Vezzosi and Sabato had to deal with repeating names and confusing surnames. Indeed, Da Vinci had become a surname while "da Vinci" simply meant "from Vinci."
"We know the surname Da Vinci was kept at least until 1803, since we have found it in the tomb of Ser Anton Giuseppe, an important descendant," Sabato said.
"The surname Da Vinci was then simplified to Vinci," she added.
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During their research Vezzosi and Sabato made some intriguing findings. They found more details on Lucia, Leonardo's paternal grandmother. Her family owned a kiln for artistic ceramic ware at Toia di Bacchereto, near Carmignano in the Vinci surroundings. The kiln was then owned by Ser Piero, Leonardo's father.
"It is more than likely that Leonardo began his artistic activity between the age of 8 and 10, not only in Florence, but also at the family kiln," Vezzosi said.
The researchers also shed some light on the mysterious figure of Caterina, Leonardo's mother.
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It was known that she lived with her husband Accattabriga in the village of San Pantaleo near Vinci. The most likely reconstruction identifies her as a female slave coming from the Middle East. It is believed she moved to Milan in 1493 to stay with Leonardo and that she died there.
Caterina and Accattabriga had five children. The only male, Francesco, died at 26 "killed by a springald in Pisa." Little is known of Piera, Maria, Lisabetta and Sandra, Leonardo's half-sisters.
"We know that Lisabetta had three daughters and now we are investigating her genealogy," Vezzosi said.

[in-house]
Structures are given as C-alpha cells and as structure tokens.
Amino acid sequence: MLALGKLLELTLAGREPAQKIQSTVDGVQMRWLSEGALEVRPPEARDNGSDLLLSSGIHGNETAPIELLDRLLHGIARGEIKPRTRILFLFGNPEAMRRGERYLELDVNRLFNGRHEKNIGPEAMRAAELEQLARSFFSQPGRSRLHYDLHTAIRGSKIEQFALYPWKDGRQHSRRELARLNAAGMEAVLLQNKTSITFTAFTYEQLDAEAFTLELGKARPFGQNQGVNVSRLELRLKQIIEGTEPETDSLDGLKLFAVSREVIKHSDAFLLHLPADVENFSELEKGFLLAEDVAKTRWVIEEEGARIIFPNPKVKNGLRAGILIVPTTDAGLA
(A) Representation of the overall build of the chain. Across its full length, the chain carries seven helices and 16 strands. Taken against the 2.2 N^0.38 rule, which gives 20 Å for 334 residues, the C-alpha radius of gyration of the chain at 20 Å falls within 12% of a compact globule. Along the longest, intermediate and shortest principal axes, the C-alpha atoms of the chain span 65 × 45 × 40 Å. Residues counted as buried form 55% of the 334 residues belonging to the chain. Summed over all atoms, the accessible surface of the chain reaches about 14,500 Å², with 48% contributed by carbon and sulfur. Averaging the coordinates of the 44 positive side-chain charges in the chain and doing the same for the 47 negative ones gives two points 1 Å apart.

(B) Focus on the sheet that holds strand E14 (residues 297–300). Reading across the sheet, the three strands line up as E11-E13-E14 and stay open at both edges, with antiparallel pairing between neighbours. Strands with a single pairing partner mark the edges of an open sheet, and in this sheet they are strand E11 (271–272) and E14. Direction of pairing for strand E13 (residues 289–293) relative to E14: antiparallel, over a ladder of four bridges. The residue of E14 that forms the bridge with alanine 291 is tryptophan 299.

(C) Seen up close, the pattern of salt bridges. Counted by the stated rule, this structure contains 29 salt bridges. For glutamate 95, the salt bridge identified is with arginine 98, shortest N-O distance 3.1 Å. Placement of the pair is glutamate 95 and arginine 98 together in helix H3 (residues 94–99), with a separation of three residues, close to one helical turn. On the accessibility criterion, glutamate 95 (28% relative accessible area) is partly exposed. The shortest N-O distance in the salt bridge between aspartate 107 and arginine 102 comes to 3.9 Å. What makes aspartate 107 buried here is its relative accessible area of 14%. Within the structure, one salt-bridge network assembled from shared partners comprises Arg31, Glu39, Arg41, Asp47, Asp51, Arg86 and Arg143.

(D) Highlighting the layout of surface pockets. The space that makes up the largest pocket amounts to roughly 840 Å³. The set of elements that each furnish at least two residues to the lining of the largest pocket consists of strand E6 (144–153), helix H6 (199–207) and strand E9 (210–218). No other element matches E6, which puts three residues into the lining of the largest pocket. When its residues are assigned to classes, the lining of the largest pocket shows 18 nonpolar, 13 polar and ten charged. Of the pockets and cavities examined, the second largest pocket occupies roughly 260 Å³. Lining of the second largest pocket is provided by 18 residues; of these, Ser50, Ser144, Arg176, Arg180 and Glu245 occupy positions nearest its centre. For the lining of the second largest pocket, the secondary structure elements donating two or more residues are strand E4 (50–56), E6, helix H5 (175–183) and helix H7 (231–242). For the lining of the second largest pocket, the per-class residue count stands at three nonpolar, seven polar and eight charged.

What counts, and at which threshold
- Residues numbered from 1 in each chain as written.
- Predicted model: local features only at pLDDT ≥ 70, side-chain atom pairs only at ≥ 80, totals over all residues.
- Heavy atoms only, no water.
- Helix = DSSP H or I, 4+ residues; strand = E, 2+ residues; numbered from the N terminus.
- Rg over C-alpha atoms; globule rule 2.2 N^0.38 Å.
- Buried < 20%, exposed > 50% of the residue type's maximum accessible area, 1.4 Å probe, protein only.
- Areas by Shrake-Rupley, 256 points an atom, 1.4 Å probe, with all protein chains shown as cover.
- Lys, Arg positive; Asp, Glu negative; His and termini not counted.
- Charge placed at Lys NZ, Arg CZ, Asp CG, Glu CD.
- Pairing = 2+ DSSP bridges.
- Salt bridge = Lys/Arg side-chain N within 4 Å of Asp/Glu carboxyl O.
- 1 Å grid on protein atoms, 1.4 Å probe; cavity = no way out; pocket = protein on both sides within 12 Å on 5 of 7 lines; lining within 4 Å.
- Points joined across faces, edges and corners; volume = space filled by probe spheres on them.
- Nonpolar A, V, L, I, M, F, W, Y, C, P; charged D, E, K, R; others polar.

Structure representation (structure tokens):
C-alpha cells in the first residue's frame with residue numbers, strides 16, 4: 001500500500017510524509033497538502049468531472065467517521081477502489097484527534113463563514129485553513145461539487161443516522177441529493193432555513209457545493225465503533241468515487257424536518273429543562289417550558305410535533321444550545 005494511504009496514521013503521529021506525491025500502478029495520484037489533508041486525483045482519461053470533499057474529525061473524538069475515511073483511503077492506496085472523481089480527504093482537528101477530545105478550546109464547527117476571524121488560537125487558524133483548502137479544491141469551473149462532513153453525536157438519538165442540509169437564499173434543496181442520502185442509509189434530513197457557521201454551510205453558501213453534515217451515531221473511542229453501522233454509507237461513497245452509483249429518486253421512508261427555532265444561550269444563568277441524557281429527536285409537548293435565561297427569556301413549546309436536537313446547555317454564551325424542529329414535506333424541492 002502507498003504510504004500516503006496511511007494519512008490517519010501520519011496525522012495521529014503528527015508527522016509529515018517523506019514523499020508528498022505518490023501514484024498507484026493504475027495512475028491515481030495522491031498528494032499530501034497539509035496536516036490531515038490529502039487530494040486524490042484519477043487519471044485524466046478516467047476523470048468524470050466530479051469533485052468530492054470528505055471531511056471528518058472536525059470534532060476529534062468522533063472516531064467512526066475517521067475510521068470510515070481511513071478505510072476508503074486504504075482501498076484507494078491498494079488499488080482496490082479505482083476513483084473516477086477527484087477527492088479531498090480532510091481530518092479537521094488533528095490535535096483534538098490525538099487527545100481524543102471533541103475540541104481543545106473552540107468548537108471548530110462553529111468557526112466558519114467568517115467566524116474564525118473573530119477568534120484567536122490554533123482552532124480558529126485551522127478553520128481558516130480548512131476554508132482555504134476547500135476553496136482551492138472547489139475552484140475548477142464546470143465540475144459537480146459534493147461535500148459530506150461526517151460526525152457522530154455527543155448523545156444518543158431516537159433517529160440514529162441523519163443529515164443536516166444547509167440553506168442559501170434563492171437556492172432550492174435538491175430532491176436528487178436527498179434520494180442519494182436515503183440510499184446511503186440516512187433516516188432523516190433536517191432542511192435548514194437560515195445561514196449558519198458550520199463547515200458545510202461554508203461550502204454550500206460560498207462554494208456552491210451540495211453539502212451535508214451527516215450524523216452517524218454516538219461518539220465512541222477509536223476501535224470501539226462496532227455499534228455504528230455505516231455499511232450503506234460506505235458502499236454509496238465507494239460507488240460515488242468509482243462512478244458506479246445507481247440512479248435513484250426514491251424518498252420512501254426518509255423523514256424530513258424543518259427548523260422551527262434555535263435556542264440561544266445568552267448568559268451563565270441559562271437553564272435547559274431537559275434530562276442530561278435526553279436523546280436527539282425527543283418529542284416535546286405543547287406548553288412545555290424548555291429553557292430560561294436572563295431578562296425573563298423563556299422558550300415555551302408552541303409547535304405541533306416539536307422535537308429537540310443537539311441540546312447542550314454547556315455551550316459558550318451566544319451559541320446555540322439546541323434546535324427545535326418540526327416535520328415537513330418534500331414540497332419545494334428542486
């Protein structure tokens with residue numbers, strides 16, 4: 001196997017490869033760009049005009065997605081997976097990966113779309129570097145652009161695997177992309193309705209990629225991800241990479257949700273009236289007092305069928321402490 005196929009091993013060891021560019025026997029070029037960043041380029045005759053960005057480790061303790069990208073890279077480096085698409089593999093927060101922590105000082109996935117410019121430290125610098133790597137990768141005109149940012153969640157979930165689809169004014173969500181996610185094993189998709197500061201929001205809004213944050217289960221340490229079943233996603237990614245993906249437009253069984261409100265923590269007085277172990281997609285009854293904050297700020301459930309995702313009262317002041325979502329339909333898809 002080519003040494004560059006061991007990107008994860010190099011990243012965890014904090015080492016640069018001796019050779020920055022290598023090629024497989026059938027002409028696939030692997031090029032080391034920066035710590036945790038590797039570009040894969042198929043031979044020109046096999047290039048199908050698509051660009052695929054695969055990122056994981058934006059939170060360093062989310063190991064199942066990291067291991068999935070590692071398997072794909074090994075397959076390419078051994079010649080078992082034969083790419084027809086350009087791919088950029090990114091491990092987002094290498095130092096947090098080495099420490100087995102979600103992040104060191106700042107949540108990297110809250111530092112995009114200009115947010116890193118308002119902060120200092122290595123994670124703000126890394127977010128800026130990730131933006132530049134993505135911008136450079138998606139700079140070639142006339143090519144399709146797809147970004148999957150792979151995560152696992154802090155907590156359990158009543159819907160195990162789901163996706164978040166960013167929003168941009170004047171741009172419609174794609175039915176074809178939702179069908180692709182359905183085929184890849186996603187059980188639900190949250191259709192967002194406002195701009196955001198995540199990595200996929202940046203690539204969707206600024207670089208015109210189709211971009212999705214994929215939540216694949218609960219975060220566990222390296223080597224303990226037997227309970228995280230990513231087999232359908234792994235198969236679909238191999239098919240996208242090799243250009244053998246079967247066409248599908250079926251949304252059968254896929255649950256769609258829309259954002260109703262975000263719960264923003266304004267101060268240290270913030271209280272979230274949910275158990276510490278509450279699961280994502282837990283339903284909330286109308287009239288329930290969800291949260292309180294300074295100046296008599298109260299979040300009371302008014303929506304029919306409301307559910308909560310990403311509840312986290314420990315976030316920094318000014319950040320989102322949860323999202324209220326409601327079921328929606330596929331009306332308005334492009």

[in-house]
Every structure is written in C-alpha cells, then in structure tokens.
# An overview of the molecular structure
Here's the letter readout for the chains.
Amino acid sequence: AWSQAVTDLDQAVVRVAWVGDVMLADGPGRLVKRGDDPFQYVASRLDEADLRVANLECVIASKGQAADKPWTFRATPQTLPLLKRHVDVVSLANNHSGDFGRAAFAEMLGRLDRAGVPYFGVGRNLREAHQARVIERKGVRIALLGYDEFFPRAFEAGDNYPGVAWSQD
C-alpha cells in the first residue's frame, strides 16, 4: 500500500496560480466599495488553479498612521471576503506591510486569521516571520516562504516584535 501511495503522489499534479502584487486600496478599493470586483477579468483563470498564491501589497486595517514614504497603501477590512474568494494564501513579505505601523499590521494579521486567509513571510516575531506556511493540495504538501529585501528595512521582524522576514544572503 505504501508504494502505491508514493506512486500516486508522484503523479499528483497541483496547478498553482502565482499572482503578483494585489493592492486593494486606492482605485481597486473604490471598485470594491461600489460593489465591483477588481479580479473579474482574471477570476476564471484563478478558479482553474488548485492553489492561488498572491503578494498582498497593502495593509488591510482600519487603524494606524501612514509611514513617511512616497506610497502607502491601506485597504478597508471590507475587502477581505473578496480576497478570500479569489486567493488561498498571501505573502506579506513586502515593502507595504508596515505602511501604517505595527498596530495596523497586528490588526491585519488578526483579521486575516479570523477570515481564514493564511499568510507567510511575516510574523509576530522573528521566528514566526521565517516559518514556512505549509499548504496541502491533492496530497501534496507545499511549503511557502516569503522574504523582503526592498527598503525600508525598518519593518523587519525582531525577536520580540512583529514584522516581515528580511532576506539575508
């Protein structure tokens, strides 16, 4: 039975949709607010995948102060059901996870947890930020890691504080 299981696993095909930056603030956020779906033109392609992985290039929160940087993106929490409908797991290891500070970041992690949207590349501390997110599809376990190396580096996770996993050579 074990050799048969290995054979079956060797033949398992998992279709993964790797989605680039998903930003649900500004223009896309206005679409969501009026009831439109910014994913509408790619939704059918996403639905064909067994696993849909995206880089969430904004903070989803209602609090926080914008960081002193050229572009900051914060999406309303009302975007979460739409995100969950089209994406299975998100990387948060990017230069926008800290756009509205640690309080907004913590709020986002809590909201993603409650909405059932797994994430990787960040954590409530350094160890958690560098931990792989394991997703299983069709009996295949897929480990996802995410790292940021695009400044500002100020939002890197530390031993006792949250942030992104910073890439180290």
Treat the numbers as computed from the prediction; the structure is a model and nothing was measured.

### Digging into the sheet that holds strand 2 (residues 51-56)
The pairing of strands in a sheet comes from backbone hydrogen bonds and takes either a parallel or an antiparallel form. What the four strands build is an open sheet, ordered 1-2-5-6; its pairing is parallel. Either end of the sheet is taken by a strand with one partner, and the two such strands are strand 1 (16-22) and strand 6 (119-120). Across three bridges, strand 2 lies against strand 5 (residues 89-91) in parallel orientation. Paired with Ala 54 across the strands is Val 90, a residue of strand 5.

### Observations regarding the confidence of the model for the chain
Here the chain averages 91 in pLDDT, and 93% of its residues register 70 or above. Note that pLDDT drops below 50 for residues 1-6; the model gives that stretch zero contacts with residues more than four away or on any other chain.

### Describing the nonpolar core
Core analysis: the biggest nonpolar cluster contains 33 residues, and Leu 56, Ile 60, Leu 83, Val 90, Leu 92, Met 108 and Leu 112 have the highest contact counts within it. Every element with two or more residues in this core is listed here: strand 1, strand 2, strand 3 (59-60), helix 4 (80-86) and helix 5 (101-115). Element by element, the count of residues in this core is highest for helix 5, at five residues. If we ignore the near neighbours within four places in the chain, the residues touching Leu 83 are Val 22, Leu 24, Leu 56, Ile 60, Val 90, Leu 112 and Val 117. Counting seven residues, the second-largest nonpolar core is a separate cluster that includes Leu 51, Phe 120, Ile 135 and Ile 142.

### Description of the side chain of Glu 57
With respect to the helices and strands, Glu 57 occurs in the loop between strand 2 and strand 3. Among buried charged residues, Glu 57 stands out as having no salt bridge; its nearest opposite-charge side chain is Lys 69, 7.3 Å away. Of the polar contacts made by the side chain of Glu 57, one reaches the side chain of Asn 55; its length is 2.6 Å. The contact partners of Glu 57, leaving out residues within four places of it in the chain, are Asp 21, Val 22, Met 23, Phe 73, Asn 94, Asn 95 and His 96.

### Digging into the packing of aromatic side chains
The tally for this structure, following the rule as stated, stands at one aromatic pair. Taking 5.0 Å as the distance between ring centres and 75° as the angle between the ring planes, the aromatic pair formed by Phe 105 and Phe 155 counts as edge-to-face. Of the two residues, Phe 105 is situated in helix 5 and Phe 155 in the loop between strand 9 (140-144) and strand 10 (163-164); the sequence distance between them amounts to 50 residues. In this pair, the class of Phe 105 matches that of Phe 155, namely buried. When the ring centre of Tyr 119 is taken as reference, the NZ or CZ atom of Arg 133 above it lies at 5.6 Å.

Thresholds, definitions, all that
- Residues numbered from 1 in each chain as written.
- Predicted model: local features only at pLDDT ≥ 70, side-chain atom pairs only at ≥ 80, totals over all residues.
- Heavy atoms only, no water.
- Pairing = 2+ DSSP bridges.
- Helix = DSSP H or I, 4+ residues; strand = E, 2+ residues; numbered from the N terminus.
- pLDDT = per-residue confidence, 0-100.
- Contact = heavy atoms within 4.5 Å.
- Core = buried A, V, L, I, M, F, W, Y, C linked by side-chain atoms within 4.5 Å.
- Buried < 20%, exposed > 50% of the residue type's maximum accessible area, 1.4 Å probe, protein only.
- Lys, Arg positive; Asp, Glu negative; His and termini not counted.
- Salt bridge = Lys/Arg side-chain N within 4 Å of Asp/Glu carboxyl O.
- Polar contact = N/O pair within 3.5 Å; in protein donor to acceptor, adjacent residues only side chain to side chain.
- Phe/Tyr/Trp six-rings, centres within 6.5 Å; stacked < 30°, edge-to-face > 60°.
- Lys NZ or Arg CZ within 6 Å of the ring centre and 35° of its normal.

Finding Caterina's descendants would be crucial to possibly retrieving mitochondrial DNA, which is passed down through the maternal line.
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The most interesting branch of the Da Vinci's family tree turned out to be connected to one of Ser Piero's sons -- Domenico Matteo, who was born in 1483 from Ser Piero's third wife.
From there, Vezzosi and Sabato were able to trace a direct and uninterrupted line up to today's living descendants.
Dina, who appears to bear a striking resemblance to Leonardo's self-portrait, was indeed a descendant of Leonardo's half-brother Domenico Matteo.
"Her son Giovanni has helped us out finding important connections," Vezzosi said.
He noted that their research added more than 150 names to the Da Vinci's tree.
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"Overall, we have more than 270 names. We found descendants up to Majorca and Valencia, Spain," Vezzosi said.
The researchers also discovered a number of Da Vinci burials around Vinci.
"Finding such tombs and a direct and uninterrupted male line of descendants could be an important contribution to a serious scientific research aimed at reconstructing Leonardo's Y chromosome," Vezzosi said.
A scientific meeting was hosted this week in Florence under the patronage of the Tuscan Regional Council.